An example is string threading, in which operations are identified by strings, usually looked up by a hash table. This was used in Charles H. Moore's earliest Forth implementations and in the University of Illinois's experimental hardware-interpreted computer language. It is also used in Bashforth.
HP's RPL, first introduced in the HP-18C calculator in 1986, is a type of proprietary hybrid direct-threaded and indirect-threaded threaded-interpreted language that, unlike others TILs, allows embedding of RPL "objects" into the "runstream" ie. The stream of addresses through which the interpreter pointer advances. An RPL "object" can be thought of as a special data type whose in-memory structure contains an address to an "object prolog" at the start of the object, and then data or executable code follows. The object prolog determines how the object's body should be executed or processed. Using the "RPL inner loop" :, which was invented and published ( and patented ) by William C. Wickes in 1986 and published in "Programming Environments", Institute for Applied Forth Research, Inc., 1988, execution follows like so
This can represented more precisely by :
O = [I] I = I + Δ PC = [O] + Δ
Where above, O is the current object pointer, I is the interpreter pointer, Δ is the length of one address word and the "" operator stands for "dereference".
When control is transferred to an object pointer or an embedded object, execution continues as follows :
PROLOG -> PROLOG ( The prolog address at the start of the prolog code points to itself ) IF O + Δ =/= PC THEN GOTO INDIRECT ( Test for direct execution ) O = I - Δ ( Correct O to point to start of embedded object ) I = I + α ( Correct I to point after embedded object where α is the length of the object ) INDIRECT ( rest of prolog )
On HP's Saturn microprocessors that use RPL, there is a third level of indirection made possible by an architectural / programming trick which allows faster execution.
In all interpreters, a branch simply changes the thread pointer (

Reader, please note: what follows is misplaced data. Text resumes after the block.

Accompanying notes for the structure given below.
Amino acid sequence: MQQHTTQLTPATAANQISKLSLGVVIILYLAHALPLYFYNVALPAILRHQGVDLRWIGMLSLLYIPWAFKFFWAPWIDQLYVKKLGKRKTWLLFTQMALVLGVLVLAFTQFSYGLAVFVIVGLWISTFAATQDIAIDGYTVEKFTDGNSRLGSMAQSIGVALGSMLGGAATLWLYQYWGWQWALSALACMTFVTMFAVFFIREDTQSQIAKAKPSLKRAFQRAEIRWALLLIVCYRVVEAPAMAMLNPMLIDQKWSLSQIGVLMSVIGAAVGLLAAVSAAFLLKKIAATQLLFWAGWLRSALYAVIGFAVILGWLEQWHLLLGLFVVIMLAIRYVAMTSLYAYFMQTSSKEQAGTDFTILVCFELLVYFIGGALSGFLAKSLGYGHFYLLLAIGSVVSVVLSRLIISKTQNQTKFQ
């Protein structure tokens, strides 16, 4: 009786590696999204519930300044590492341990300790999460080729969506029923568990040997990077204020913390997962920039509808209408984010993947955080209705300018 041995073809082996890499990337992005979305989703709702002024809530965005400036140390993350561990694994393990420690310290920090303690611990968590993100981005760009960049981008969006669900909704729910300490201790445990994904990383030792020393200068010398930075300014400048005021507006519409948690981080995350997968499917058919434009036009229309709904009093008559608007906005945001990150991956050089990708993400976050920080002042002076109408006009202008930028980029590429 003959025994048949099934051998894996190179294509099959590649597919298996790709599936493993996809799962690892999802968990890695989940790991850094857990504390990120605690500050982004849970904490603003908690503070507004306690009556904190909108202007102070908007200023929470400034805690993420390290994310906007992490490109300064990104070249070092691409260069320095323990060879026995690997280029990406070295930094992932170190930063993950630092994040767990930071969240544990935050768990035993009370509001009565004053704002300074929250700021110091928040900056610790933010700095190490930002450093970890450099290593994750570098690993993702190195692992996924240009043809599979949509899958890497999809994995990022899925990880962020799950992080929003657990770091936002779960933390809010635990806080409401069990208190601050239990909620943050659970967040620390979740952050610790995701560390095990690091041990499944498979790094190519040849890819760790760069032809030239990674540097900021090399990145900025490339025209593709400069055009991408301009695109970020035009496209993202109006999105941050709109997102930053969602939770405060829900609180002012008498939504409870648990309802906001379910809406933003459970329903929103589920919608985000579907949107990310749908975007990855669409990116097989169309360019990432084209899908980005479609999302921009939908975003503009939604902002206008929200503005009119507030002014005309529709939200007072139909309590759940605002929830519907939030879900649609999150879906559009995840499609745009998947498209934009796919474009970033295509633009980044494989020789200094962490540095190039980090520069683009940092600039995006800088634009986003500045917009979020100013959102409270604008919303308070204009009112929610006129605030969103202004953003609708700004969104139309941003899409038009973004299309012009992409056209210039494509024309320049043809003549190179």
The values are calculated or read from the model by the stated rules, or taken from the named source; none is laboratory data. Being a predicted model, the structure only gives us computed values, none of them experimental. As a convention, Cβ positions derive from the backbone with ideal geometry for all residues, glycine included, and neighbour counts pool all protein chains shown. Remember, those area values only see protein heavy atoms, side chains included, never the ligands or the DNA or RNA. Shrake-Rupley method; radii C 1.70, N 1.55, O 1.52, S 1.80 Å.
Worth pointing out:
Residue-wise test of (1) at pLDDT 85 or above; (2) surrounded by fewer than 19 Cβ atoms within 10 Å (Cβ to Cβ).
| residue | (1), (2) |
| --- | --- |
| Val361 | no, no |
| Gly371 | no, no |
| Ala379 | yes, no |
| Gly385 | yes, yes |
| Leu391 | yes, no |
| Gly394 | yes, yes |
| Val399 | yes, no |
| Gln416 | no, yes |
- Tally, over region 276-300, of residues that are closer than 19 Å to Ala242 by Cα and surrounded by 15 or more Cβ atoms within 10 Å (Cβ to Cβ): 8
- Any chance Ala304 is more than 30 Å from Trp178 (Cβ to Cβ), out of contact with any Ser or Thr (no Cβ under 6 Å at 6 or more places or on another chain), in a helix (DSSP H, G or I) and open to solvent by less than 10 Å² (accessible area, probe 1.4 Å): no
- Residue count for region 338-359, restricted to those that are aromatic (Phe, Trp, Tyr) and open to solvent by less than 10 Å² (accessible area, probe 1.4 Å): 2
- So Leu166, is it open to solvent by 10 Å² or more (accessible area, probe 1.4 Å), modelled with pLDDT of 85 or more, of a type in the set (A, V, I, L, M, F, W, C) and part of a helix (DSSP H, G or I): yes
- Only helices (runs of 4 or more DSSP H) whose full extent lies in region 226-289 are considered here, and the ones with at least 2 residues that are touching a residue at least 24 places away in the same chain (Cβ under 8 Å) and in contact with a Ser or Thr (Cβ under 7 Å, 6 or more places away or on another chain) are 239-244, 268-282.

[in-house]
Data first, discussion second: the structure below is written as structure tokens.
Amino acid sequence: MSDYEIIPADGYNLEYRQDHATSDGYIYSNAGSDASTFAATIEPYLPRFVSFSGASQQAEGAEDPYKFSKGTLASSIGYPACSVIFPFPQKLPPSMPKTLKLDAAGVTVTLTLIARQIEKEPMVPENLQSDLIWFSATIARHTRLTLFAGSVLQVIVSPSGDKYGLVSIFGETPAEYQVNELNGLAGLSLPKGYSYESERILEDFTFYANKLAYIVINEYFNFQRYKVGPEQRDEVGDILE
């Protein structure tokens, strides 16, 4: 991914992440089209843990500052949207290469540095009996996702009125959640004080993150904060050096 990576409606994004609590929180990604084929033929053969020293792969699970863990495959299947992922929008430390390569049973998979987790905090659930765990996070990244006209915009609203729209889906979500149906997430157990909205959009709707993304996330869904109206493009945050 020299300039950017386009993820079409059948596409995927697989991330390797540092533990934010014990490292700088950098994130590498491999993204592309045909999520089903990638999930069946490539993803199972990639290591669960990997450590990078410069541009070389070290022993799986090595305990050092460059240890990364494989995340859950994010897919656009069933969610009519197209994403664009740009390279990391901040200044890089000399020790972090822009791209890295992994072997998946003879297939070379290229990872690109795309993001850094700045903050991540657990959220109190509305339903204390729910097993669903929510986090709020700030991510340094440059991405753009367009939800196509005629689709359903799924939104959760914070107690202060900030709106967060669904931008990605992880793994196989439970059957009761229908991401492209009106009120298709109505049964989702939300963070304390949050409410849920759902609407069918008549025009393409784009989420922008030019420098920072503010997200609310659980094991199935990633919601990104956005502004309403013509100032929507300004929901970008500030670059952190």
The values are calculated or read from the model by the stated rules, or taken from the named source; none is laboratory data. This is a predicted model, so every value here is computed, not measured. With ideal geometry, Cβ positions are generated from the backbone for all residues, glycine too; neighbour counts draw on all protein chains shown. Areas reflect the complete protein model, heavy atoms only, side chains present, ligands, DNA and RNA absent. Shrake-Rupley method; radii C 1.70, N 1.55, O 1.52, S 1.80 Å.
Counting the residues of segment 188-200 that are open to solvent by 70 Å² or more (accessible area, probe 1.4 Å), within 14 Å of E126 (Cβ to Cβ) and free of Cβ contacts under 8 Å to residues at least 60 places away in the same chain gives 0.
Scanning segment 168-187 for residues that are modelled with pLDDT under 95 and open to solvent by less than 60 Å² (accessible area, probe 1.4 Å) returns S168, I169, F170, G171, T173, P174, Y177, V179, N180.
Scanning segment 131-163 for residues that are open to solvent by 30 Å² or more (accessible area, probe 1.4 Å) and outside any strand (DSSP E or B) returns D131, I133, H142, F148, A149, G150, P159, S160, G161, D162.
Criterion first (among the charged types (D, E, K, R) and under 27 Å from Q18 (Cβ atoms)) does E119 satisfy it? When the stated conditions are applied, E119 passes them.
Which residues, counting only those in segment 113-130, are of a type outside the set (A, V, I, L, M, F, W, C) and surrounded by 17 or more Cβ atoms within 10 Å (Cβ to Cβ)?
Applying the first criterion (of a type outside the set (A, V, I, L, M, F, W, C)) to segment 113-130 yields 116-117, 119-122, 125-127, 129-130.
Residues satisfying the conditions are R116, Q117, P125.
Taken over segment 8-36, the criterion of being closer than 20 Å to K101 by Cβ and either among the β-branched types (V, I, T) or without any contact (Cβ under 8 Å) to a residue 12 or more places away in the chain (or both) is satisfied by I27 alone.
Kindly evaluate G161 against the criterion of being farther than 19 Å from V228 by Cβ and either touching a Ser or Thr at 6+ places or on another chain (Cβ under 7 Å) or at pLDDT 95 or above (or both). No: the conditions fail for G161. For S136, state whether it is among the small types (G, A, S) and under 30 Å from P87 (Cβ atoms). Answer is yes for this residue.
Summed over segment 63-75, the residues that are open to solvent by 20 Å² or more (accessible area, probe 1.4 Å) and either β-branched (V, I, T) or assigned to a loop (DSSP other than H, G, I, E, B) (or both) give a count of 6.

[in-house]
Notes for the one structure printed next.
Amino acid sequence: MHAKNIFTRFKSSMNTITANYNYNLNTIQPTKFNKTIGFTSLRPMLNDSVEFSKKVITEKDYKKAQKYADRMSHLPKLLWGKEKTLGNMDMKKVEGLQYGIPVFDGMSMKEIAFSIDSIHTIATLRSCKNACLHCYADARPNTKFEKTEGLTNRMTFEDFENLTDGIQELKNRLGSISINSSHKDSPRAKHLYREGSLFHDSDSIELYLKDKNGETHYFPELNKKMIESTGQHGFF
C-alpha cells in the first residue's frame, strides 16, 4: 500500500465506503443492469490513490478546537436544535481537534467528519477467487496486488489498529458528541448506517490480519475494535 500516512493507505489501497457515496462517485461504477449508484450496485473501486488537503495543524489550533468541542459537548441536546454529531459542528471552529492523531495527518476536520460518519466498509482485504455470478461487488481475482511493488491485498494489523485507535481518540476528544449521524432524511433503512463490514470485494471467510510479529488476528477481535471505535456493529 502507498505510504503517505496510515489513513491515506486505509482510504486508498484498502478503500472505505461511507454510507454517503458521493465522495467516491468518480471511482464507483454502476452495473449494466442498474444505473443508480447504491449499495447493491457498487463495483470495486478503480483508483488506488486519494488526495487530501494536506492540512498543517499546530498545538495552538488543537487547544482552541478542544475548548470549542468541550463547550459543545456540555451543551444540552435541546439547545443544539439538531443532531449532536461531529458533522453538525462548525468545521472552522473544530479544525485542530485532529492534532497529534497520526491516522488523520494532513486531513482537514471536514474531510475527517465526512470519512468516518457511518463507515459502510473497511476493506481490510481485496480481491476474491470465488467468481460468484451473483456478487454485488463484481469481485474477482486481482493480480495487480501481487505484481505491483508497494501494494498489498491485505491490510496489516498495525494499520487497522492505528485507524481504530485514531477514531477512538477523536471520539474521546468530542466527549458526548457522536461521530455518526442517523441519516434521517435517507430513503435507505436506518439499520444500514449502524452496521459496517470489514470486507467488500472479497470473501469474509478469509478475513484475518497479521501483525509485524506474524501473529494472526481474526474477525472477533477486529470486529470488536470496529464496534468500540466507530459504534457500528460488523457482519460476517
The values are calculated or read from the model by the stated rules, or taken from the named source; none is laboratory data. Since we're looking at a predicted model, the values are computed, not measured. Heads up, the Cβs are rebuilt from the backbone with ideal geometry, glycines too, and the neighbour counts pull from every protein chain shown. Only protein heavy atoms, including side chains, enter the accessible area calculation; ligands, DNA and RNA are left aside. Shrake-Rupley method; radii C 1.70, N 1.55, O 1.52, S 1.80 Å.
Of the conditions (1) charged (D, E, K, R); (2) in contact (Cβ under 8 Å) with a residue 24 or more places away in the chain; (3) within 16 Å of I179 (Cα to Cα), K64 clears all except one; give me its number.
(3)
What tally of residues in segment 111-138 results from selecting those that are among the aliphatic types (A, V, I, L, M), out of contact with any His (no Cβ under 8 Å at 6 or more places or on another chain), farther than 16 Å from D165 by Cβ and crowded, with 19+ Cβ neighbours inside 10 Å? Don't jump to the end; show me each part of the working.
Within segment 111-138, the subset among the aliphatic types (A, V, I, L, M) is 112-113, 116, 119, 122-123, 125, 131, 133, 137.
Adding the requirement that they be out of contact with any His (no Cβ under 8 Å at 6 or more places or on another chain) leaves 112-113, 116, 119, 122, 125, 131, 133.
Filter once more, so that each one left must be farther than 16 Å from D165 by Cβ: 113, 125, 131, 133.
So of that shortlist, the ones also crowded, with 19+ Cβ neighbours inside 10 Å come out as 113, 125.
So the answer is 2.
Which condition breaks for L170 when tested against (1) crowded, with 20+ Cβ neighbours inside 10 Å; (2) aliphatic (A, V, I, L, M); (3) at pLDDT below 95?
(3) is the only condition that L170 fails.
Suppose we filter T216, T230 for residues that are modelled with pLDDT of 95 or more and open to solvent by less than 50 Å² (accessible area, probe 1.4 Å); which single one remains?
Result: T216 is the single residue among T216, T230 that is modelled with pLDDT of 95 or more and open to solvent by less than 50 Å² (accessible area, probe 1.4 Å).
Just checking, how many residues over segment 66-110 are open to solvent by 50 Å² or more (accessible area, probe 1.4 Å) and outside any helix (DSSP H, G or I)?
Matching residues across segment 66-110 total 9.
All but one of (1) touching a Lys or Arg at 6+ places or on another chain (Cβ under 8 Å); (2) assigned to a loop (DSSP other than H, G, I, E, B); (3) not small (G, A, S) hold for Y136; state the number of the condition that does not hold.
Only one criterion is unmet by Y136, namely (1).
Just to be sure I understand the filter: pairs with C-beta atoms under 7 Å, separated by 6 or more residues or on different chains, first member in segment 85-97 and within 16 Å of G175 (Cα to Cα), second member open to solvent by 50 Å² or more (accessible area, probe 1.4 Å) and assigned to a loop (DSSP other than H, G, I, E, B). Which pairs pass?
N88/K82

ip above). A conditional branch, to jump if the top-of-stack value is zero, might be encoded as follows. Note that
&thread is the location to which to jump, not the address of a handler. So, it must be skipped (
ip++) regardless of whether the branch is taken.
Separating the data and return stacks in a machine eliminates a great deal of stack management code, substantially reducing the size of the threaded code. The dual-stack principle originated three times independently: for Burroughs large systems, Forth, and PostScript. It is used in some Java virtual machines.
Three registers are often present in a threaded virtual machine. Another one exists for passing data between subroutines ('words'). These are:
Often, threaded virtual machines, such as implementations of Forth, have a simple virtual machine at heart, consisting of three primitives. Those are:
In an indirect-threaded virtual machine, the one given here, the operations are:
This is perhaps[ citation needed ] the simplest and fastest interpreter or virtual machine.
Forth is an imperative stack-based computer programming language and environment originally designed by Chuck Moore. Language features include structured programming, reflection, concatenative programming and extensibility. Although not an acronym, the language's name is sometimes spelled with all capital letters as FORTH, following the customary usage during its earlier years.
In computer programming, machine code, consisting of machine language instructions, is a low-level programming language used to directly control a computer's central processing unit (CPU). Each instruction causes the CPU to perform a very specific task, such as a load, a store, a jump, or an arithmetic logic unit (ALU) operation on one or more units of data in the CPU's registers or memory.